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  • Powder coat removal

    What's the best way to remove powder coat paint so an item can be welded?

    I've tried all sorts of abrasives with varying degrees of success with most just softening the paint and smudging it around. Loading of the abrasives is also a serious problem.

    Thanks for your input.

  • #2
    Yes powdercoat is a PIA. I just just my grinder with a flap wheel, sure it smears but eventally it cuts thru it...Bob
    Bob Wright

    Spool Gun conversion. How To Do It. Below.
    http://www.millerwelds.com/resources...php?albumid=48

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    • #3
      What's the base material that's been powdercoated? A steel wire wheel on my 4.5" DeWalt works really well, but will eat the S**t out of your base metal if it gets away from you. Sandblasting or beadblasting with glass beads is absolutely THE BEST way to get rid of powdercoating, but your part will have to be small enough to fit inside the cabinet.
      sigpic
      Clint Baxley
      Baxley Welding Service
      Rembert, SC 29128

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      • #4
        getting it off

        I know how to put it on easy enough, getting it off is a whole nother pain in the rear. Best ways I know are already mentioned in the above posts, but in some cases you maybe able to chip it on an edge and get a razor blade under it and peel it off. Dave
        If necessity is the Mother of Invention, I must be the Father of Desperation!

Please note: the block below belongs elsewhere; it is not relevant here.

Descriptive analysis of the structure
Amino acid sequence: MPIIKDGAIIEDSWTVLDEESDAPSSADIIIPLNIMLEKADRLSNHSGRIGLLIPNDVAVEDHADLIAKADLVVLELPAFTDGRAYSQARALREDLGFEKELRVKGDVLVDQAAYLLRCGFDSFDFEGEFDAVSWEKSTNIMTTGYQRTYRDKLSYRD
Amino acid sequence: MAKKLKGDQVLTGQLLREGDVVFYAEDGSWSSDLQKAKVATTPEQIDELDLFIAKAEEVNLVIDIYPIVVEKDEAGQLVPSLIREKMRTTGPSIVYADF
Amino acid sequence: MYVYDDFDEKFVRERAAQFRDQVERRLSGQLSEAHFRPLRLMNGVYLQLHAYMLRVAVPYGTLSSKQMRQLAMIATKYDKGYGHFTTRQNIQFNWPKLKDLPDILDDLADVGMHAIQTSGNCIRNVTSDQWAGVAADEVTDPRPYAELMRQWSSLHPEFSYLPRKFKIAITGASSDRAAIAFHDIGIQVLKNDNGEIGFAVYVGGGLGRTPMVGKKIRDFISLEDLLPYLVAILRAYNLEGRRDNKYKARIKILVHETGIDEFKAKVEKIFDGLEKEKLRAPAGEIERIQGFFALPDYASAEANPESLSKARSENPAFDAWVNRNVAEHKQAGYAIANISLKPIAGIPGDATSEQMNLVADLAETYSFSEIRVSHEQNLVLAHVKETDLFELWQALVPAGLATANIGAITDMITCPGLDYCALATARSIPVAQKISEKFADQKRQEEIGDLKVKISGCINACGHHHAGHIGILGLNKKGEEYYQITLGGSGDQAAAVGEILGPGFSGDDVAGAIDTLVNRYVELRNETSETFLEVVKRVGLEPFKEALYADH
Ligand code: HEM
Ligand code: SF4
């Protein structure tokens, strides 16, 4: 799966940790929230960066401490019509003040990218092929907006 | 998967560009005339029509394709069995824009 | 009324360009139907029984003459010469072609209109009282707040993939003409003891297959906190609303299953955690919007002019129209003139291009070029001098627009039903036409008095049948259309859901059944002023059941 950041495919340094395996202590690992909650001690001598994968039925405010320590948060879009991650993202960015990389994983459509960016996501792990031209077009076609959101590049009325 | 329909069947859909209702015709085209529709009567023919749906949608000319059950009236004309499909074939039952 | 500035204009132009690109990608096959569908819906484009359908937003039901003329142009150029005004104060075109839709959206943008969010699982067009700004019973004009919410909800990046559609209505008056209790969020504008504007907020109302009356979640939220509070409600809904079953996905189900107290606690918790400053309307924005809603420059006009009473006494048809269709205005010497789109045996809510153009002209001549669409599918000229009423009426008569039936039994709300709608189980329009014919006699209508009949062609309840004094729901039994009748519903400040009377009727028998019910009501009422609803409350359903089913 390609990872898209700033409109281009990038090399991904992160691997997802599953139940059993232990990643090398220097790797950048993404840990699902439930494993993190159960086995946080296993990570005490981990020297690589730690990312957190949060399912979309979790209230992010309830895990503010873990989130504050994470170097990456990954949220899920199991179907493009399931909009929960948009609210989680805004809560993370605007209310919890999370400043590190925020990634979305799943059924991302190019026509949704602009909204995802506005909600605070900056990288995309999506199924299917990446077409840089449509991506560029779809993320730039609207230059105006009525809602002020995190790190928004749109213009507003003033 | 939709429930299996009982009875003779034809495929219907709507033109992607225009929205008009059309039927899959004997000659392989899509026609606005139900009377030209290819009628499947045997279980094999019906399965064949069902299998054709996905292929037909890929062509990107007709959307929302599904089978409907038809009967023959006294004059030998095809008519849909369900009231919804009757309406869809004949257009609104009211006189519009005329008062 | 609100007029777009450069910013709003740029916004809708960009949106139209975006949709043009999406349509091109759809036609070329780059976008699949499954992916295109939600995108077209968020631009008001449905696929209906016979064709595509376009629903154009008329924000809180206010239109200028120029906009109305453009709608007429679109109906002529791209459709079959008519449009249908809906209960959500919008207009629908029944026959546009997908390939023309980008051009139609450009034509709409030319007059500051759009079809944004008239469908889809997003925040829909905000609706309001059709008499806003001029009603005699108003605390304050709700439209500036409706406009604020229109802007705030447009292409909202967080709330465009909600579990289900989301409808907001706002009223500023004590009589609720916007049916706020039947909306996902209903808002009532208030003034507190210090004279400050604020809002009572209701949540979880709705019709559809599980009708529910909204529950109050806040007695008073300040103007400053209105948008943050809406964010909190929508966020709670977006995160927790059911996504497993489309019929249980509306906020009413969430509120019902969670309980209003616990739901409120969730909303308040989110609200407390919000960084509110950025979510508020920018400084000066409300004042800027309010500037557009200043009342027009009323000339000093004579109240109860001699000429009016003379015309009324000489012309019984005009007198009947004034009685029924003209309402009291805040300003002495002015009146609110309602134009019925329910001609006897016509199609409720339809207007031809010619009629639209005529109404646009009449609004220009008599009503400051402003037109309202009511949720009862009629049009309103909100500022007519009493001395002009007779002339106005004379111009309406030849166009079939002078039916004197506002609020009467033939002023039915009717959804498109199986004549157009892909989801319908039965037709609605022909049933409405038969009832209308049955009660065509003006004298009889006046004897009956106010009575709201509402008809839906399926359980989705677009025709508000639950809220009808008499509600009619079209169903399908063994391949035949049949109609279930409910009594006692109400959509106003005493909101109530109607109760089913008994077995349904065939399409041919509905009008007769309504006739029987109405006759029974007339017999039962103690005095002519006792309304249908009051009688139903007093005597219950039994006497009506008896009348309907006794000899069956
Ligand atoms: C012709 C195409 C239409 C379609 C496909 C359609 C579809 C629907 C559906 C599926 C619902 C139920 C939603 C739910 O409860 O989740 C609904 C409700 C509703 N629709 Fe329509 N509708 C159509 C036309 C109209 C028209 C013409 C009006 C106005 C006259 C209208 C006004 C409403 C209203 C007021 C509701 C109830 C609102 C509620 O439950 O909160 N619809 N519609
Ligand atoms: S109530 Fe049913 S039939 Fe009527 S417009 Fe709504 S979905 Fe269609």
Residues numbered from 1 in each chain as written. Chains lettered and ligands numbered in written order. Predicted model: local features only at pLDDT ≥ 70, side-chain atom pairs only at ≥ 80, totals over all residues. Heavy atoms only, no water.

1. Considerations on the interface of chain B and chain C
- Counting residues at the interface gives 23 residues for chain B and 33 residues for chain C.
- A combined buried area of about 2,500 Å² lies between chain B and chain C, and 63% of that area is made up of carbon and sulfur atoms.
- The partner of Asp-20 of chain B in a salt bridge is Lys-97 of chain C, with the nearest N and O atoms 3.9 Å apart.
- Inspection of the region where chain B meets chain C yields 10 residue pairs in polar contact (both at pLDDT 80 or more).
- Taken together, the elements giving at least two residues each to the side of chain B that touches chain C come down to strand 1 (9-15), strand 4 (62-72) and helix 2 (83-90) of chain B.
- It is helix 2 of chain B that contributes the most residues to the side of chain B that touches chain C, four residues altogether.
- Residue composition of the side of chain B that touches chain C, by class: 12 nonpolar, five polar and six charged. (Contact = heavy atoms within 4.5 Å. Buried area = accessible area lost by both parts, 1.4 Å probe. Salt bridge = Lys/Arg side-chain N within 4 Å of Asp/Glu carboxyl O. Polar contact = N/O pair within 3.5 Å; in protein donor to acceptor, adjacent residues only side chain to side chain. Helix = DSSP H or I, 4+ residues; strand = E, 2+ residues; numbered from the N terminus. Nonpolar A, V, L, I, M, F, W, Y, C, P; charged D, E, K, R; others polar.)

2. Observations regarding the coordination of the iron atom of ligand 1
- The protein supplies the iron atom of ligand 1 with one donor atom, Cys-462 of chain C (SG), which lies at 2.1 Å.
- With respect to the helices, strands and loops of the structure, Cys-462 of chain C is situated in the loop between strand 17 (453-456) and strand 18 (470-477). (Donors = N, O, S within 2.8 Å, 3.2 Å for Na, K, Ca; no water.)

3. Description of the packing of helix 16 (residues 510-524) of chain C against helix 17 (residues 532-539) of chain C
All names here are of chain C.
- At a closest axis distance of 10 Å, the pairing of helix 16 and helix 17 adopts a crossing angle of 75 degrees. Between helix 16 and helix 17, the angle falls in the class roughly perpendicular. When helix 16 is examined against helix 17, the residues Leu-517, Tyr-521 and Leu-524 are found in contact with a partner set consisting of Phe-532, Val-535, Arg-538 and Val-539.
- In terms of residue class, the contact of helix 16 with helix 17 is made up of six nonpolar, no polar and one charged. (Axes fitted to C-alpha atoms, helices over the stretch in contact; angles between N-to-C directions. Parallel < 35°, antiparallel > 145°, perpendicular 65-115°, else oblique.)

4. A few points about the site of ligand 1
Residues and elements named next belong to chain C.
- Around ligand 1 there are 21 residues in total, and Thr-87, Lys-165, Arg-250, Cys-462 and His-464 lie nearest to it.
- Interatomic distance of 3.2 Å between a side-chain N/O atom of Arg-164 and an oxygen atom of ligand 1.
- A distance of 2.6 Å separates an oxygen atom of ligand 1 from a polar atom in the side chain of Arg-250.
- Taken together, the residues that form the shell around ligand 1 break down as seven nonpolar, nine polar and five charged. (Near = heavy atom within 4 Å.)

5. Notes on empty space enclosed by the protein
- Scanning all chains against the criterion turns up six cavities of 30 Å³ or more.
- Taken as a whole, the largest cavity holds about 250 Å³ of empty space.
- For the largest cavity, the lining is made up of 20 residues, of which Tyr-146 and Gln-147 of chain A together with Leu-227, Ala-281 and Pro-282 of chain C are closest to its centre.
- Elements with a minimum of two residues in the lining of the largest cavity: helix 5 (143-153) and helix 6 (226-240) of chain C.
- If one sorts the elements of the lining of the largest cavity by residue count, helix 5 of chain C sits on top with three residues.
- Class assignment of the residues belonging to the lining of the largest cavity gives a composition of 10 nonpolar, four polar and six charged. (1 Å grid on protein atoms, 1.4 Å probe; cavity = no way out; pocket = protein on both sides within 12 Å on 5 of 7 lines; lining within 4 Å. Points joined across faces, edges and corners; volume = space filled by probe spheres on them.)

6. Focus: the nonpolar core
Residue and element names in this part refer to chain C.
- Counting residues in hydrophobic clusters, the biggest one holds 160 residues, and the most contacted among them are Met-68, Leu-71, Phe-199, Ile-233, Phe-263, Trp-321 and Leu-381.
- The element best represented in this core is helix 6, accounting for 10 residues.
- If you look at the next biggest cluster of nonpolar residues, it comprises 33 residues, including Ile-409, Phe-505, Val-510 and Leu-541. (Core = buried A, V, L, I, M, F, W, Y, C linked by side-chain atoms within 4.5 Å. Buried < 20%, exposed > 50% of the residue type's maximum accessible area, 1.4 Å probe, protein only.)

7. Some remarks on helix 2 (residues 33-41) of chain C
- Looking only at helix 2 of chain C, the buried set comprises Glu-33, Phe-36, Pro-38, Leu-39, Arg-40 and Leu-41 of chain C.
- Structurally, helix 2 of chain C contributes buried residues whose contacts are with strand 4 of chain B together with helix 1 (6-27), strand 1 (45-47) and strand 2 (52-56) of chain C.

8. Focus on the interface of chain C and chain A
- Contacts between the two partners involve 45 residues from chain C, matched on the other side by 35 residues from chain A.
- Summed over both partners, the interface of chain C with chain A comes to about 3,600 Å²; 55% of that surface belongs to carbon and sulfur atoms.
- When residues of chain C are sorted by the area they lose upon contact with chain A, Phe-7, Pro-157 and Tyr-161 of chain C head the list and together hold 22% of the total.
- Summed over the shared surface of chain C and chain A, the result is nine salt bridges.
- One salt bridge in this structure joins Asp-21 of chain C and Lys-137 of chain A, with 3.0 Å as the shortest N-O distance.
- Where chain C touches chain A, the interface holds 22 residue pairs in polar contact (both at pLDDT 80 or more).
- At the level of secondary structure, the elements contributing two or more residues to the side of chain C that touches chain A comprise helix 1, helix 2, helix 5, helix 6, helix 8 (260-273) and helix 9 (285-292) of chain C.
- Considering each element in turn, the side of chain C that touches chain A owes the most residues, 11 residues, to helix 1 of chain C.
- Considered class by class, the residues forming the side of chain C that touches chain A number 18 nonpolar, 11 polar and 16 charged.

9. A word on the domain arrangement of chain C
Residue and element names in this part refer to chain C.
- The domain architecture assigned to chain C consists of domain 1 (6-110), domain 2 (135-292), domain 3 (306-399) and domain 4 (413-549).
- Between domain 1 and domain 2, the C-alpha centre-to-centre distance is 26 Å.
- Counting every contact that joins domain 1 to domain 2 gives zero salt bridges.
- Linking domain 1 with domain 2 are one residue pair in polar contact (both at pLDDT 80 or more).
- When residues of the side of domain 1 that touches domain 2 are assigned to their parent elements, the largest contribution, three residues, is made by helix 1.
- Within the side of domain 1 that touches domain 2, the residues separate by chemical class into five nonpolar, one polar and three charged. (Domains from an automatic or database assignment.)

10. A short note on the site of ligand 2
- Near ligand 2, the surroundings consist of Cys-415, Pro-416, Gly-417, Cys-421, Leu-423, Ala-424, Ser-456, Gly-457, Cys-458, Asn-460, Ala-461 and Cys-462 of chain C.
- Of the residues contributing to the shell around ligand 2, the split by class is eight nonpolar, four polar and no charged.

sigpicJohn Blewett III 10-22-73 to 8-16-07
        Another racing great gone but not to be forgotten.http://video.google.com/videoplay?do...modified&hl=en

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        • #5
          Originally posted by dabar39 View Post
          I know how to put it on easy enough, getting it off is a whole nother pain in the rear. Best ways I know are already mentioned in the above posts, but in some cases you maybe able to chip it on an edge and get a razor blade under it and peel it off. Dave
          True...I'd forgotten about that. I saw a kid trying it once and his hand slipped down the razor-handle and we ended up taking him to the E.R. so if you go this route be careful.
          sigpic
          Clint Baxley
          Baxley Welding Service
          Rembert, SC 29128

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          • #6
            kneedle scaler or the torch method (with this use propper respatory protection.) then soft disk on grinder.
            garthswelding@aol.com trail blazer 301g with all the fixins:delta band saw dewalt chop saw craftsman drill press, sp-135 mm251 spectrum 375 suite case mig, tig w/hi freq. one welding truck.

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            • #7
              the easiest way to remove powder coat is Klean-strip Aircraft remover, i use it all the time.

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              • #8
                Powder coat

                For the matter of $60.00 You can get a spot shot sand blaster Very good and small for what you are trying to do.And well worth the money.I don't know if there is an acklands grainger near you but that's one place to buy it.But I don't know your location.

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                • #9
                  Thanks

                  Guys - Thanks for the input. My problem is I need to box a steel trailer frame that has been powder coated. This will require removal of approx. 42 linear feet of coating along the edges of the channel.

                  I've used flap disks in the past but that gets very expensive as they load too fast. Also used the wire brush with better results. I have a small sand blaster but having used it on previous attempts at removing powder coat, I wasn't very satisfied as it took a long time and used a lot of media.

                  Thanks Rotary - I think I'll get a can of the aircraft remover and give it a shot. Sure will be easier to attack this with a chip brush than the other ways.

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                  • #10
                    Aircraft stripper